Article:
Next Article in Journal
Post-Modernism, Agency, and Democracy
Next Article in Special Issue
Natural Philosophy and the Sciences: Challenging Science’s Tunnel Vision
Previous Article in Journal / Special Issue
Time and Life in the Relational Universe: Prolegomena to an Integral Paradigm of Natural Philosophy
Article Menu

Export Article

Open AccessArticle
Philosophies 2018, 3(4), 31; https://doi.org/10.3390/philosophies3040031

Induction and Epistemological Naturalism

Department of Philosophy, Uppsala University, 75126 Uppsala, Sweden
Received: 26 August 2018 / Revised: 24 September 2018 / Accepted: 30 September 2018 / Published: 18 October 2018
(This article belongs to the Special Issue Contemporary Natural Philosophy and Philosophies)
Full-Text   |   PDF [241 KB, uploaded 18 October 2018]

Abstract

Epistemological naturalists reject the demand for a priori justification of empirical knowledge; no such thing is possible. Observation reports, being the foundation of empirical knowledge, are neither justified by other sentences, nor certain; but they may be agreed upon as starting points for inductive reasoning and they function as implicit definitions of predicates used. Making inductive generalisations from observations is a basic habit among humans. We do that without justification, but we have strong intuitions that some inductive generalisations will fail, while for some other we have better hopes. Why? This is the induction problem according to Goodman. He suggested that some predicates are projectible when becoming entrenched in language. This is a step forward, but not entirely correct. Inductions result in universally generalised conditionals and these contain two predicates, one in the antecedent, one in the consequent. Counterexamples to preliminary inductive generalisations can be dismissed by refining the criteria of application for these predicates. This process can be repeated until the criteria for application of the predicate in the antecedent includes the criteria for the predicate in the consequent, in which case no further counterexample is possible. If that is the case we have arrived at a law. Such laws are implicit definitions of theoretical predicates. An accidental generalisation has not this feature, its predicates are unrelated. Laws are said to be necessary, which may be interpreted as ‘“Laws” are necessarily true’. ‘Necessarily true’ is thus a semantic predicate, not a modal operator. In addition, laws, being definitions, are necessarily true in the sense of being necessary assumptions for further use of the predicates implicitly defined by such laws. Induction, when used in science, is thus our way of inventing useful scientific predicates; it is a heuristic, not an inference principle. View Full-Text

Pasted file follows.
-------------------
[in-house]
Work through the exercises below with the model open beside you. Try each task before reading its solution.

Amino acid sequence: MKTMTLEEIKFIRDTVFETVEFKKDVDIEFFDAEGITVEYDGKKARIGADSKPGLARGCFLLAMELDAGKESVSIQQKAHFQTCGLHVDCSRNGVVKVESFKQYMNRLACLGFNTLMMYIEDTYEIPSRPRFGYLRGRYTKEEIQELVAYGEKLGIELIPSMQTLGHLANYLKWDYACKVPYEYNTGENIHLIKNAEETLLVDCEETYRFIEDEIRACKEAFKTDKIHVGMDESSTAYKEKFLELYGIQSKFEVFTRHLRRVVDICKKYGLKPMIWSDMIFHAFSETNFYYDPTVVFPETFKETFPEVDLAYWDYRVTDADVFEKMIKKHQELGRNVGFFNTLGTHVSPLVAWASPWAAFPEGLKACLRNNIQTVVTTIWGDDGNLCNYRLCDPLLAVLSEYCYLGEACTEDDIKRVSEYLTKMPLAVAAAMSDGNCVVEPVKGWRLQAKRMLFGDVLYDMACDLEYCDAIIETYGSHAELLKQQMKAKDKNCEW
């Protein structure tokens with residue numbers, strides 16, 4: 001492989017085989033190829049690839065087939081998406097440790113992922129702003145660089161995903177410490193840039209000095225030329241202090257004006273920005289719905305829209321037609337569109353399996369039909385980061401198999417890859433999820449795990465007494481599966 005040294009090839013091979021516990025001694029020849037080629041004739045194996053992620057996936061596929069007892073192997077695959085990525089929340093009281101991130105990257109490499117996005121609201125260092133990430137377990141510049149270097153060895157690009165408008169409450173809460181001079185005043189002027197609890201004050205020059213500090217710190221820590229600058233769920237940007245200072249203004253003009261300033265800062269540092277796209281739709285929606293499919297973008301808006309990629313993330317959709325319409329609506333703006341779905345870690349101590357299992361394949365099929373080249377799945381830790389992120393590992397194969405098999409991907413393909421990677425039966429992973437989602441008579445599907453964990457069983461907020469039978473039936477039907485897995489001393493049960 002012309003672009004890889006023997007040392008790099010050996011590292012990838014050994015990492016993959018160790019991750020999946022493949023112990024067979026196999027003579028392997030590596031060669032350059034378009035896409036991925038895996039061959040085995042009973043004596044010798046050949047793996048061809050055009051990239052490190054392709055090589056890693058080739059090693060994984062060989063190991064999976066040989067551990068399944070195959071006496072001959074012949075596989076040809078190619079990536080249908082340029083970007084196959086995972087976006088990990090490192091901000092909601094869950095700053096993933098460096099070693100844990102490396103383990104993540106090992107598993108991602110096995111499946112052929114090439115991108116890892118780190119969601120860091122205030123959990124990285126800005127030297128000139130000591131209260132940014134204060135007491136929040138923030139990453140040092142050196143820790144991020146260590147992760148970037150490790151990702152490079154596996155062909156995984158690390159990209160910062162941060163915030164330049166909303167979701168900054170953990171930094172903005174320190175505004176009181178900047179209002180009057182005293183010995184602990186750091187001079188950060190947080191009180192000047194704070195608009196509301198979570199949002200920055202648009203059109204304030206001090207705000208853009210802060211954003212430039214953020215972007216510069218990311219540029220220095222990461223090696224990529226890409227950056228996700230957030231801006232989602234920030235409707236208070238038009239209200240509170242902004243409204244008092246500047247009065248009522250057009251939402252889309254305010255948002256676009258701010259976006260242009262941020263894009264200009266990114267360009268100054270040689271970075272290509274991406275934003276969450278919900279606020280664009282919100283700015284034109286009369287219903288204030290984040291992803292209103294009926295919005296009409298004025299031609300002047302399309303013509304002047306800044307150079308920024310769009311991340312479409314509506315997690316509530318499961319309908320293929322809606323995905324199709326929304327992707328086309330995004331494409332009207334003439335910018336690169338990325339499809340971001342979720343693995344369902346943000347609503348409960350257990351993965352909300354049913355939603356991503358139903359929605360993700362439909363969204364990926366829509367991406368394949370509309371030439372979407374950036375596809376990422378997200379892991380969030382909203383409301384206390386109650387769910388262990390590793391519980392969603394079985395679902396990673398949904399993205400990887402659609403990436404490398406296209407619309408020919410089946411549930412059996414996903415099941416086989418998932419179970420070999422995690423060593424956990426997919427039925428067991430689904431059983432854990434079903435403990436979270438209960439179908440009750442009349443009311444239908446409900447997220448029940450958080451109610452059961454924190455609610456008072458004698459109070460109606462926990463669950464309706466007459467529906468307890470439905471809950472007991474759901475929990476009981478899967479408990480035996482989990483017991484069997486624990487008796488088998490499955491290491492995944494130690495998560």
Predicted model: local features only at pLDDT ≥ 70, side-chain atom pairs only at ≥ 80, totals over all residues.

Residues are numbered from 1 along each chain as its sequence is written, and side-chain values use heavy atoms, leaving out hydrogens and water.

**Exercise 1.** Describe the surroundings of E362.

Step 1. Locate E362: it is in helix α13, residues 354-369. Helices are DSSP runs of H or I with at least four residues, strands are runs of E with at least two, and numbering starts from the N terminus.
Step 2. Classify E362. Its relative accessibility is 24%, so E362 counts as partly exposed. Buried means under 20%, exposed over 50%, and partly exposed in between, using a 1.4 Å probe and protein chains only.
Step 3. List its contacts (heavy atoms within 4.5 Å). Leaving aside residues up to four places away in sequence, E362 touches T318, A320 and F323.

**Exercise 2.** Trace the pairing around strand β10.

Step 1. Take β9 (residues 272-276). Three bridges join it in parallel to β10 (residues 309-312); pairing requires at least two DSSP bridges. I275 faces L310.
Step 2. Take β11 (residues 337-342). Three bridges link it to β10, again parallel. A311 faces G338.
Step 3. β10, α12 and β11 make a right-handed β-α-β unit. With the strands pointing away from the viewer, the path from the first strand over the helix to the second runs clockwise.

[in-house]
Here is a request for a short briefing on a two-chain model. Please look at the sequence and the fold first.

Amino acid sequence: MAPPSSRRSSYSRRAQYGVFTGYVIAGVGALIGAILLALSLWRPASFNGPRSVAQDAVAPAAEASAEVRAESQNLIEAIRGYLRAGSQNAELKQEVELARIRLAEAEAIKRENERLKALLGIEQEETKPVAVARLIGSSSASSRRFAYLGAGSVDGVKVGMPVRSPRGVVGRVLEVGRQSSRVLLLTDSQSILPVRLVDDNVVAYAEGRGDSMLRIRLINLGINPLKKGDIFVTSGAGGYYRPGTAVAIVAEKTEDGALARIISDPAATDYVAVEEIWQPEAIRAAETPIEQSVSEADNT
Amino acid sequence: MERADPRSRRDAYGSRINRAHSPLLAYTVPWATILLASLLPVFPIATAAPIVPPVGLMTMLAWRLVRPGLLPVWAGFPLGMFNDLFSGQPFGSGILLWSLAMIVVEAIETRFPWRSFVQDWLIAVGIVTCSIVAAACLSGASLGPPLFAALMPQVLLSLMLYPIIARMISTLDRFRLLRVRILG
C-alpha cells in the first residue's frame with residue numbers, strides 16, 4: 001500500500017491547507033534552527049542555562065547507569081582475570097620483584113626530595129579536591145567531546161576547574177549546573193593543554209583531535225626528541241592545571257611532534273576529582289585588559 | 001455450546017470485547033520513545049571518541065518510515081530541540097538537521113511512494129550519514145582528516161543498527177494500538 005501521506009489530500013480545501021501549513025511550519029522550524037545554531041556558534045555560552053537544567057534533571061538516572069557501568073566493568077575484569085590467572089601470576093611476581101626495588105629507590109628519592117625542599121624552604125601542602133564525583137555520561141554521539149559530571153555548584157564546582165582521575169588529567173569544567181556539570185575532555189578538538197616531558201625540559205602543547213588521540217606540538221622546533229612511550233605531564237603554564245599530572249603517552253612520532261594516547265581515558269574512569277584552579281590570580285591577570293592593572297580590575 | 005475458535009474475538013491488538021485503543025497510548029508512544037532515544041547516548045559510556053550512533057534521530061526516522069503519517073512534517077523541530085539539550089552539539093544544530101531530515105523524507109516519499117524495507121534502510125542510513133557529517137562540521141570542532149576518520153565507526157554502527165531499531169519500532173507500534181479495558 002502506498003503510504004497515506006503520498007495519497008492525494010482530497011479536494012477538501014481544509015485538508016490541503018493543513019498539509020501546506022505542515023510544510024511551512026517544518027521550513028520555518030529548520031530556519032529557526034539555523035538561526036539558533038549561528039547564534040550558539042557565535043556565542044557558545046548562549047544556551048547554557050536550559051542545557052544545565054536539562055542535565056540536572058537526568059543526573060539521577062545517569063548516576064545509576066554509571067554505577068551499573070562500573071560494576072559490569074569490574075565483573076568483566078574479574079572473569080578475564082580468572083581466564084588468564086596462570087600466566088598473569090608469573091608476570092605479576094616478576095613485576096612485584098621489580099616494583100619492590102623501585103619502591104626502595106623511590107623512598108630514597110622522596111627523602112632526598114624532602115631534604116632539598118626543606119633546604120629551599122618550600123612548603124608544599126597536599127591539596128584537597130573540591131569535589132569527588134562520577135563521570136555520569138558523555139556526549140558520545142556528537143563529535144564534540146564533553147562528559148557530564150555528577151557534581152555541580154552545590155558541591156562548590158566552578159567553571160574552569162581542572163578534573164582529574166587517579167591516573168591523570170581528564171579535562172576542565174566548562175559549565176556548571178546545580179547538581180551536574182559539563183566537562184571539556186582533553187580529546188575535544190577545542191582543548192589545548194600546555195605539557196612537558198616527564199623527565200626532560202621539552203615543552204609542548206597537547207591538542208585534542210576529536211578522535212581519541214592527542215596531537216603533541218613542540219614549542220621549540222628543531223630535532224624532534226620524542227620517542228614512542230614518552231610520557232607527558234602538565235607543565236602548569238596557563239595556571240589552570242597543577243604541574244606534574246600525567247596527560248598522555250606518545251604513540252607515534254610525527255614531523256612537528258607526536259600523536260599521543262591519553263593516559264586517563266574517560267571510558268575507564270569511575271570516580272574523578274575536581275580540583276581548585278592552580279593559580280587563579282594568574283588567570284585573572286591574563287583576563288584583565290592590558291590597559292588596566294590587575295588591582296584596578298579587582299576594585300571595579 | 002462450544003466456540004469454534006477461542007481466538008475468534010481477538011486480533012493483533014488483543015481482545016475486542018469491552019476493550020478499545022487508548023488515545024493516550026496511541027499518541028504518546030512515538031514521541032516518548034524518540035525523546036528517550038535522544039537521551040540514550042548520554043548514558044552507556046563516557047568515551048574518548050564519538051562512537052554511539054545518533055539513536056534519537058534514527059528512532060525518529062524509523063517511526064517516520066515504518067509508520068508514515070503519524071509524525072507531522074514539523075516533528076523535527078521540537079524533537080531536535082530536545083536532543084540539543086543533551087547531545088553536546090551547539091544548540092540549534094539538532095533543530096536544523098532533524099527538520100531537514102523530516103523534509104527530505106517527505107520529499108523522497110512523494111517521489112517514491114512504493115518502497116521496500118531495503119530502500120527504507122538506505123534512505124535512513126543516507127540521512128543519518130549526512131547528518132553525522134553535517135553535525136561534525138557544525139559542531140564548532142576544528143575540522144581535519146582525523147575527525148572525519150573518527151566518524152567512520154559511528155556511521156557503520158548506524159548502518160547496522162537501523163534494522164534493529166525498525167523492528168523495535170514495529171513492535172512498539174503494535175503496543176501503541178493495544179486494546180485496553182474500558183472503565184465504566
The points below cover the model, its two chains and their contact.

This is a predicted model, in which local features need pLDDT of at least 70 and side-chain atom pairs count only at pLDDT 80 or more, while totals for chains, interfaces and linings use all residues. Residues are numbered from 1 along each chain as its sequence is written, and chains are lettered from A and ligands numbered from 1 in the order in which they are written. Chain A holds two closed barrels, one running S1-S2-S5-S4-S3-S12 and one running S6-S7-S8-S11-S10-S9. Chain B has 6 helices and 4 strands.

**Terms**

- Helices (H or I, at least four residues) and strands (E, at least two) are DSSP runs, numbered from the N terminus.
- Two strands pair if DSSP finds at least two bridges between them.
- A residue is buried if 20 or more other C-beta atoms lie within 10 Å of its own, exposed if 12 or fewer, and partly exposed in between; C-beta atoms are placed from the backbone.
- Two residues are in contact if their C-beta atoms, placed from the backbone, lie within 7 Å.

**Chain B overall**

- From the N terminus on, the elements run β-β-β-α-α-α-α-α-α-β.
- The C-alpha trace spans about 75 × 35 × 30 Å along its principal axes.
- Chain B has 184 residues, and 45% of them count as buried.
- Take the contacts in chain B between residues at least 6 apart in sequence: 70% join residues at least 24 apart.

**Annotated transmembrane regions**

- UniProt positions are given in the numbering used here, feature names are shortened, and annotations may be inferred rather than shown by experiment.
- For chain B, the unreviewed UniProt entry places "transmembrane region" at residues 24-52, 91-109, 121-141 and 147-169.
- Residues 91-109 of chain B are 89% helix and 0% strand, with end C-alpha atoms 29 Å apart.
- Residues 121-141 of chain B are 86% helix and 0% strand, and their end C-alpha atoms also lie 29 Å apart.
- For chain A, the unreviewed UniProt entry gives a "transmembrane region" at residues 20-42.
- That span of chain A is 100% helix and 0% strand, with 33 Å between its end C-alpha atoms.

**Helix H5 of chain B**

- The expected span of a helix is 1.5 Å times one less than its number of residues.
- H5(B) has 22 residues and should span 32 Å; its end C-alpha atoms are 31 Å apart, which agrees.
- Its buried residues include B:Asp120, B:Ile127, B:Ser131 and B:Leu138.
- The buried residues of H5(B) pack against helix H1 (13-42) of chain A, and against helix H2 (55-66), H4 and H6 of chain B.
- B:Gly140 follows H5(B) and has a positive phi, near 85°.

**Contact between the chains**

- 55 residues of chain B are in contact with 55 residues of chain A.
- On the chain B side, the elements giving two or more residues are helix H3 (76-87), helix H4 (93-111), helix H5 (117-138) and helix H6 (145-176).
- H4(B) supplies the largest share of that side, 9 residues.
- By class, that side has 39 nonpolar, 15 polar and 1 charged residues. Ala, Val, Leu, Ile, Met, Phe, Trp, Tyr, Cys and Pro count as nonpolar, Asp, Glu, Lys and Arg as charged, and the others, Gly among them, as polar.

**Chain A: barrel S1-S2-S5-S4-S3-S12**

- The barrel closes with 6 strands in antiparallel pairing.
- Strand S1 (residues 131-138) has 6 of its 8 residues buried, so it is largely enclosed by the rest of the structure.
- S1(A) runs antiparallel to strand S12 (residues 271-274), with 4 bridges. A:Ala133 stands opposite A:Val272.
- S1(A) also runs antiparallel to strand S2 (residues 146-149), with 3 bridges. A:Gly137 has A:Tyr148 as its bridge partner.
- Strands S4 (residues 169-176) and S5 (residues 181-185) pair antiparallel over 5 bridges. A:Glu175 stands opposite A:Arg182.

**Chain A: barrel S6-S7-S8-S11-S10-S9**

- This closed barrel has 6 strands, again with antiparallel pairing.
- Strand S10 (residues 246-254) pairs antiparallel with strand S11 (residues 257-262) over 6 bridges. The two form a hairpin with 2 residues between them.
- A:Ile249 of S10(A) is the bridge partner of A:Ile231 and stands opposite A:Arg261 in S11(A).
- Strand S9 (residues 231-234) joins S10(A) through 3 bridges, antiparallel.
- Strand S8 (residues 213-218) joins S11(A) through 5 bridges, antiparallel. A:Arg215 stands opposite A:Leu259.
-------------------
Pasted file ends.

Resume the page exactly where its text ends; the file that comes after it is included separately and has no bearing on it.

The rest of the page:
Keywords: induction; naturalism; evidence and justification; epistemic norms; induction and concept formation; induction and discovery of laws induction; naturalism; evidence and justification; epistemic norms; induction and concept formation; induction and discovery of laws
This is an open access article distributed under the Creative Commons Attribution License which permits unrestricted use, distribution, and reproduction in any medium, provided the original work is properly cited (CC BY 4.0).
SciFeed

Share & Cite This Article

MDPI and ACS Style

Johansson, L.-G. Induction and Epistemological Naturalism. Philosophies 2018, 3, 31.

Show more citation formats Show less citations formats

Article Metrics

Article Access Statistics

1

Comments

[Return to top]
Philosophies EISSN 2409-9287 Published by MDPI AG, Basel, Switzerland RSS E-Mail Table of Contents Alert
Back to Top